Labour frontbenchers have criticised the chief executives of HSBC and Standard Chartered banks for supporting China’s political leaders, urging them to revoke their support for Beijing’s controversial security law, which they say threatens democratic rights in Hong Kong. They warned the banks that they could face a boycott.

In letters sent to the HSBC boss Noel Quinn and Standard Chartered’s chief executive, Bill Winters, on Friday, the shadow foreign secretary, Lisa Nandy, and the shadow chancellor, Anneliese Dodds, said they had “profound concerns” that both banks had backed Beijing’s new rules, which violate Joint Declaration treaty commitments and could limit freedoms for HK citizens.

“As a senior figure in the banking industry, you will also understand the importance of maintaining the rule of law and the international rules-based order,” the letter said. “Quite apart from the morally abhorrent nature of the statement, we also find HSBC’s support for the autocratic actions of the Communist party of China to be completely at odds with the values framework in which financial institutions should be operating.”

The Labour MPs also wrote to their counterparts in Downing Street – the foreign secretary, Dominic Raab, and the chancellor, Rishi Sunak – asking for their support in challenging the two banks over their positions.

The letter said the ministers’ response would be a “test of the UK government’s resolve” on human rights, civil liberties and international law.

The Labour frontbenchers said the British public no longer trusted China to act responsibly, and warned that the banks risked boycotts similar to those aimed at South Africa over apartheid in the 1980s if they failed to uphold democratic values.

Here are the joint letters that @AnnelieseDodds and I have sent to the CEOs of @HSBC and @StanChart today.

They should immediately rescind their support for the national security law being imposed by China on Hong Kong.

In their letter to HSBC’s boss, they said: “It would presumably not therefore come as a surprise if public attitudes were to harden against HSBC as a consequence of the decision to support the aggressive expansionism of the Chinese Communist party,” the letter added.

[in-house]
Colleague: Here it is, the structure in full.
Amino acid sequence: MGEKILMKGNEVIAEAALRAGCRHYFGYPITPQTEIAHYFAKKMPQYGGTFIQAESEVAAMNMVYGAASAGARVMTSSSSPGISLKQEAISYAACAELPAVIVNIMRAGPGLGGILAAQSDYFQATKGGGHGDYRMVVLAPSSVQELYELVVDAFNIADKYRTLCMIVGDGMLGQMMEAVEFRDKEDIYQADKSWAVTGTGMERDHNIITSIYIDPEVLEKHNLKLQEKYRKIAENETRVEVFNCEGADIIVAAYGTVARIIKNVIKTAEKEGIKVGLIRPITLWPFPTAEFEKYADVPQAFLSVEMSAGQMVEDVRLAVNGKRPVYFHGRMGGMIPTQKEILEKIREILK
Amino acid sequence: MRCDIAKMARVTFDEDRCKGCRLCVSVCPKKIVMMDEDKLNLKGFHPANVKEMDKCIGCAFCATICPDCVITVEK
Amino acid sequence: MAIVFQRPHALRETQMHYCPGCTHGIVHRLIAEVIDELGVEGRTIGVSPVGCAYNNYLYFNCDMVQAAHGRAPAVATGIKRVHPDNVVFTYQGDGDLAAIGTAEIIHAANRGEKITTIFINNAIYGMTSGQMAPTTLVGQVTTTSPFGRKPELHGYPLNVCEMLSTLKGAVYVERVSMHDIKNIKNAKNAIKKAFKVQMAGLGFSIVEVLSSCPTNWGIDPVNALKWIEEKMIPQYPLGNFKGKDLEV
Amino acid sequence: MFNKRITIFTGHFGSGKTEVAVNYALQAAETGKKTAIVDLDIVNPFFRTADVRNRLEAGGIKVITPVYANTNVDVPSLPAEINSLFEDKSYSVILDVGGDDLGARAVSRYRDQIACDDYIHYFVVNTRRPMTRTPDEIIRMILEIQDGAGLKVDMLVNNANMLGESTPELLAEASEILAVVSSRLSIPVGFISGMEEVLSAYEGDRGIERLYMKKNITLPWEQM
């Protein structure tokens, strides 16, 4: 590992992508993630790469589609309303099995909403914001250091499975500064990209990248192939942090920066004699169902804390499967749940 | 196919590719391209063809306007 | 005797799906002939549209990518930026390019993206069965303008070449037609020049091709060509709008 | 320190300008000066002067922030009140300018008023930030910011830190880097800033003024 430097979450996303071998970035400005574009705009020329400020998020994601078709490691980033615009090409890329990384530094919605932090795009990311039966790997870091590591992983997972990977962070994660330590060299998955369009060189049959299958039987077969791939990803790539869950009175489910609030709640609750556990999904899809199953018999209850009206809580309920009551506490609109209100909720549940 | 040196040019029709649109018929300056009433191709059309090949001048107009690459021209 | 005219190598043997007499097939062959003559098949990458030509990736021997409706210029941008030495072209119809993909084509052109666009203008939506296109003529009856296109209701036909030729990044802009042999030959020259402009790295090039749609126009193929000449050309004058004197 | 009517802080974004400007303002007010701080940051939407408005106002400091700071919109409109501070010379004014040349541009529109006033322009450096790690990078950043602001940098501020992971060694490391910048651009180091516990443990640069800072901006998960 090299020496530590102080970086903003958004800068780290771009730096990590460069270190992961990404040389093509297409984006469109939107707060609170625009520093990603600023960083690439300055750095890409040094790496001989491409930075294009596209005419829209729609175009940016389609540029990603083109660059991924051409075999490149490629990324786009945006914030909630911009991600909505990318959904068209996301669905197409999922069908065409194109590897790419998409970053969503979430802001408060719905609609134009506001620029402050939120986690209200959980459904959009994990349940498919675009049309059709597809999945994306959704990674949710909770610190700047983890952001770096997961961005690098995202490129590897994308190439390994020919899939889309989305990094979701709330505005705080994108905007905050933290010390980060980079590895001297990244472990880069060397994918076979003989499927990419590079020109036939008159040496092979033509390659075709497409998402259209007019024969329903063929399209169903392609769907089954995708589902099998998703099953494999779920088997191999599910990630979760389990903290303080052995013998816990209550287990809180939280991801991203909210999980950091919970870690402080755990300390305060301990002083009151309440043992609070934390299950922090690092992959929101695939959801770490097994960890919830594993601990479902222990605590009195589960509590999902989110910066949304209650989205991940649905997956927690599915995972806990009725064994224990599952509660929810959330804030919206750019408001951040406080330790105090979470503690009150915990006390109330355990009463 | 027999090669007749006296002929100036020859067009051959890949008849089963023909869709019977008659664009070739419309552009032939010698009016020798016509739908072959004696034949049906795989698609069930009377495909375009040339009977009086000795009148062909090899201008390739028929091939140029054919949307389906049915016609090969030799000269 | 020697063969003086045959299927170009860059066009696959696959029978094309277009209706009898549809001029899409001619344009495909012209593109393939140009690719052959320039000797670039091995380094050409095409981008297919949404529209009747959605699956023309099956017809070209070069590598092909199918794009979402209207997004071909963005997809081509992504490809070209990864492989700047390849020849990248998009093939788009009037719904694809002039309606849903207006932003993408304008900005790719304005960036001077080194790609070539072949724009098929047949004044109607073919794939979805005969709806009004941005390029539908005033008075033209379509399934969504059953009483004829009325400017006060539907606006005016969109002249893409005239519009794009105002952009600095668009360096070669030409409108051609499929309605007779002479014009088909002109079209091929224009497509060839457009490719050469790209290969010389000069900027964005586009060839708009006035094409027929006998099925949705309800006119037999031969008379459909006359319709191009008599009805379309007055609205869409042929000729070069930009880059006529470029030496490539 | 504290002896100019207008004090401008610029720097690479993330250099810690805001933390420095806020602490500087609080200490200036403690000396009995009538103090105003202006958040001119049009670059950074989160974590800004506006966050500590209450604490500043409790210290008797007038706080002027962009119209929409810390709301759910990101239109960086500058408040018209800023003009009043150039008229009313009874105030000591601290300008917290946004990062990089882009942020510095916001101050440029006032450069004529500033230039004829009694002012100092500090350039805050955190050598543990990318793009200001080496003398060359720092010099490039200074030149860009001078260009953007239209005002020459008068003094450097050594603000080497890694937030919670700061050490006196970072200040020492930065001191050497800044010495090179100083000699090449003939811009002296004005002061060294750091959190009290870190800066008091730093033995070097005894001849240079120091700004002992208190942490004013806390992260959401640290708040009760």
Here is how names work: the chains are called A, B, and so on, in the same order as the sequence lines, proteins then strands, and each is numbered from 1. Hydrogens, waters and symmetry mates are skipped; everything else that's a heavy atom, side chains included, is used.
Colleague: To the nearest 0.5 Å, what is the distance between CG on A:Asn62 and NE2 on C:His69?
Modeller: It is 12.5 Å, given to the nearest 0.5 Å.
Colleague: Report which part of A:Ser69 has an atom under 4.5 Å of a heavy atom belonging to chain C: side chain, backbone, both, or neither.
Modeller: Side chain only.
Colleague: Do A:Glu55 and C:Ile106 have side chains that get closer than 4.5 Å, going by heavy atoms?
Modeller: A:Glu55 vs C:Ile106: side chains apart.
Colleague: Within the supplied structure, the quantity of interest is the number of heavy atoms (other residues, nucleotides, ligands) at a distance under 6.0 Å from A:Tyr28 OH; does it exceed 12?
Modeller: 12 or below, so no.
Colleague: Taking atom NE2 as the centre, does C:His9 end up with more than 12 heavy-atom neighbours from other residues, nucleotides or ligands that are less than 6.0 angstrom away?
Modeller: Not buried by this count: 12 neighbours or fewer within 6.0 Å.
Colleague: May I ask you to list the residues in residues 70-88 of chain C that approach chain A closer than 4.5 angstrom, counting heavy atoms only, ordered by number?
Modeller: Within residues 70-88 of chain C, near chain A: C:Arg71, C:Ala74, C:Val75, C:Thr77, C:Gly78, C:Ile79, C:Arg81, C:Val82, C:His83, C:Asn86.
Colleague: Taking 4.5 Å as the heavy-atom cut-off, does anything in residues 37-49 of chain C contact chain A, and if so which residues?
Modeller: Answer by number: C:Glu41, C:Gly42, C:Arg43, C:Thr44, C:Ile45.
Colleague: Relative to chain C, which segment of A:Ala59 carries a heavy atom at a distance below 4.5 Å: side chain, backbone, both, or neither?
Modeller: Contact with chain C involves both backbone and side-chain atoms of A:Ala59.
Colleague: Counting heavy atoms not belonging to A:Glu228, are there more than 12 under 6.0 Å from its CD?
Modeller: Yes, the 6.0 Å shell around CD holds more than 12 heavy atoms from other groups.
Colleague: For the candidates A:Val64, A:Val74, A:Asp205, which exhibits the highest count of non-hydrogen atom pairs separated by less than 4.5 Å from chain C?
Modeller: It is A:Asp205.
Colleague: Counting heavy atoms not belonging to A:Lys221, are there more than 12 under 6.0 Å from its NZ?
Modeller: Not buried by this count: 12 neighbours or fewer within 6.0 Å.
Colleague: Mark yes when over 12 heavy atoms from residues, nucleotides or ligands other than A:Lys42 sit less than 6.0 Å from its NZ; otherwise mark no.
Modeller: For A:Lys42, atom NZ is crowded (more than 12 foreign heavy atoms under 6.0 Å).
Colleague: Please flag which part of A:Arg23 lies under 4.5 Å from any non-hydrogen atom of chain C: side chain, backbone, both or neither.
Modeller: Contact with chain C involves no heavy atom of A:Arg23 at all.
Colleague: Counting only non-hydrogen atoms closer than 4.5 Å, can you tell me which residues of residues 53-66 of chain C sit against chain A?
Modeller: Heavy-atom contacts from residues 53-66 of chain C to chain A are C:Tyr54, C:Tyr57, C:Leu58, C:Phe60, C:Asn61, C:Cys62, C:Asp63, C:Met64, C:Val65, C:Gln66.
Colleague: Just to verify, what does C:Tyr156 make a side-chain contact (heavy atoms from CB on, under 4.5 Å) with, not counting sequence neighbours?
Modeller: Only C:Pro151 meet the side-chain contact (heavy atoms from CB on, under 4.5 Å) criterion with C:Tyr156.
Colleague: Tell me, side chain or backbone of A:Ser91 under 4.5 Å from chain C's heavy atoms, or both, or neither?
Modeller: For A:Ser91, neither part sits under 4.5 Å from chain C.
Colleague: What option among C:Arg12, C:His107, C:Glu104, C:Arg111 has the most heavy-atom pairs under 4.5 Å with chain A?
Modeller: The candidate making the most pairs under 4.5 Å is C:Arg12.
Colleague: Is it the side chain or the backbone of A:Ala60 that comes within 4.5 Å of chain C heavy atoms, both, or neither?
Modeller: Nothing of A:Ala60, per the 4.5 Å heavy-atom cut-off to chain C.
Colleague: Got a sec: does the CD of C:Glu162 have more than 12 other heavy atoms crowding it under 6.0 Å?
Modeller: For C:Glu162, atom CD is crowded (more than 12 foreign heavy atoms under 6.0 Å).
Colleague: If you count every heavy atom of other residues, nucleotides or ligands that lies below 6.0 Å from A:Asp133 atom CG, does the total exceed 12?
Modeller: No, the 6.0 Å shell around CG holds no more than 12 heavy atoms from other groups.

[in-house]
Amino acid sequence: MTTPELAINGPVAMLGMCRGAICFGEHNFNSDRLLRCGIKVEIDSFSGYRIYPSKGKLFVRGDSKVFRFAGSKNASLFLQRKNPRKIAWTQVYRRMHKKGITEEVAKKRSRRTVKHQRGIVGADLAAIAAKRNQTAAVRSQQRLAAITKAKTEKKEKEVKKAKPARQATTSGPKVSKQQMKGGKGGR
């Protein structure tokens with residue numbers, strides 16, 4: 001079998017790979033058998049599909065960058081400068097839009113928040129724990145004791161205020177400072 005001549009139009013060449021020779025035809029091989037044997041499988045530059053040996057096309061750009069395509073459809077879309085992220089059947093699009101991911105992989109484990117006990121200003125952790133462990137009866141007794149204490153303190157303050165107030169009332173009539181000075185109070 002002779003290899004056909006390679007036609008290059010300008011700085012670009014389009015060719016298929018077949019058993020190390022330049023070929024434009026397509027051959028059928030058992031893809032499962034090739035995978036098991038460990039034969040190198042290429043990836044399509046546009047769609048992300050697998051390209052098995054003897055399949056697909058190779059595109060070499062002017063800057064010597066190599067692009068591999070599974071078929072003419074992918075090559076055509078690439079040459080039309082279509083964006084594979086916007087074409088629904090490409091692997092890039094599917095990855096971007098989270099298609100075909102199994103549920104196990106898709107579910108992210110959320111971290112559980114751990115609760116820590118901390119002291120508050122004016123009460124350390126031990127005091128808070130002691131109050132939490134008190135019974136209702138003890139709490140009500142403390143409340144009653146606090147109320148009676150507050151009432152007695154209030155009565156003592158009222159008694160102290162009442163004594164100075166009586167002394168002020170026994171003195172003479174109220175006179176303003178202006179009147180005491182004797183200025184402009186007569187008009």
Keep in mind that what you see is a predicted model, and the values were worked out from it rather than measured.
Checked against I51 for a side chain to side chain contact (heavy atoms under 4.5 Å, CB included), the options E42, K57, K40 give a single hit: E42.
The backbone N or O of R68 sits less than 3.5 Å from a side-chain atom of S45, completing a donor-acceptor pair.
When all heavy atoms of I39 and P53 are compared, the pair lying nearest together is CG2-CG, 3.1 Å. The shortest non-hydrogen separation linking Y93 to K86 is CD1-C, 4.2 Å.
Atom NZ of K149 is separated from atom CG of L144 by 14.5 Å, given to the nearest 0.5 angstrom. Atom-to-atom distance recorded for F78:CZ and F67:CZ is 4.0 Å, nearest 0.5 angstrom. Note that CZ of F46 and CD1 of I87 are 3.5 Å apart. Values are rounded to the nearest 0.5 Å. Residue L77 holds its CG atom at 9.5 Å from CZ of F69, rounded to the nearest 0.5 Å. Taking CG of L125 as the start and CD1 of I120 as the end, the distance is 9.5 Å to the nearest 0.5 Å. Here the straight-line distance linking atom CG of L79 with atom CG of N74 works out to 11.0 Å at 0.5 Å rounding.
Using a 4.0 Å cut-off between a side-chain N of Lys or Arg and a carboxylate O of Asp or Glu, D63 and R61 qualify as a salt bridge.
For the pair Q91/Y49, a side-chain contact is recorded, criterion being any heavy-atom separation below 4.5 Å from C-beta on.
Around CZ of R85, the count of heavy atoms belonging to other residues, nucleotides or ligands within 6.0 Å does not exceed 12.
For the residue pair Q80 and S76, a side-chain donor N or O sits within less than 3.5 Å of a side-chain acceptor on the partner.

The letter stressed that, despite their global operations, both banks were still headquartered in London. “It therefore has a responsibility to uphold the democratic values and practices that we hold dear in this country – indeed HSBC’s 8 million British customers rightly expect nothing less. 

 “We therefore urge you to issue a statement rescinding HSBC’s support for China’s new national security law, at the earliest opportunity.” A similar letter was sent to Standard Chartered.

The Labour letters ramp up the political pressure on both banks, which faced a barrage of criticism on social media from both Tory and Labour politicians earlier this week over their support for Beijing’s new law.

They took issue with HSBC’s statement, which read: “We respect and support laws and regulations that will enable HK to recover and rebuild the economy and, at the same time, maintain the principle of ‘one country two systems’.”

Standard Chartered, meanwhile, has said it believed the national security law would help “maintain the long-term economic and social stability of Hong Kong”.

“The ‘one country, two systems’ principle is core to the future success of Hong Kong and has always been the bedrock of the business community’s confidence. We hope greater clarity on the final legislative provisions will enable Hong Kong to maintain economic and social stability.

“We remain positive that Hong Kong will continue playing a key role as an international financial hub and Standard Chartered is committed to contributing to its continued success.”

HSBC and Standard Chartered were both contacted for comments on Labour’s letter.

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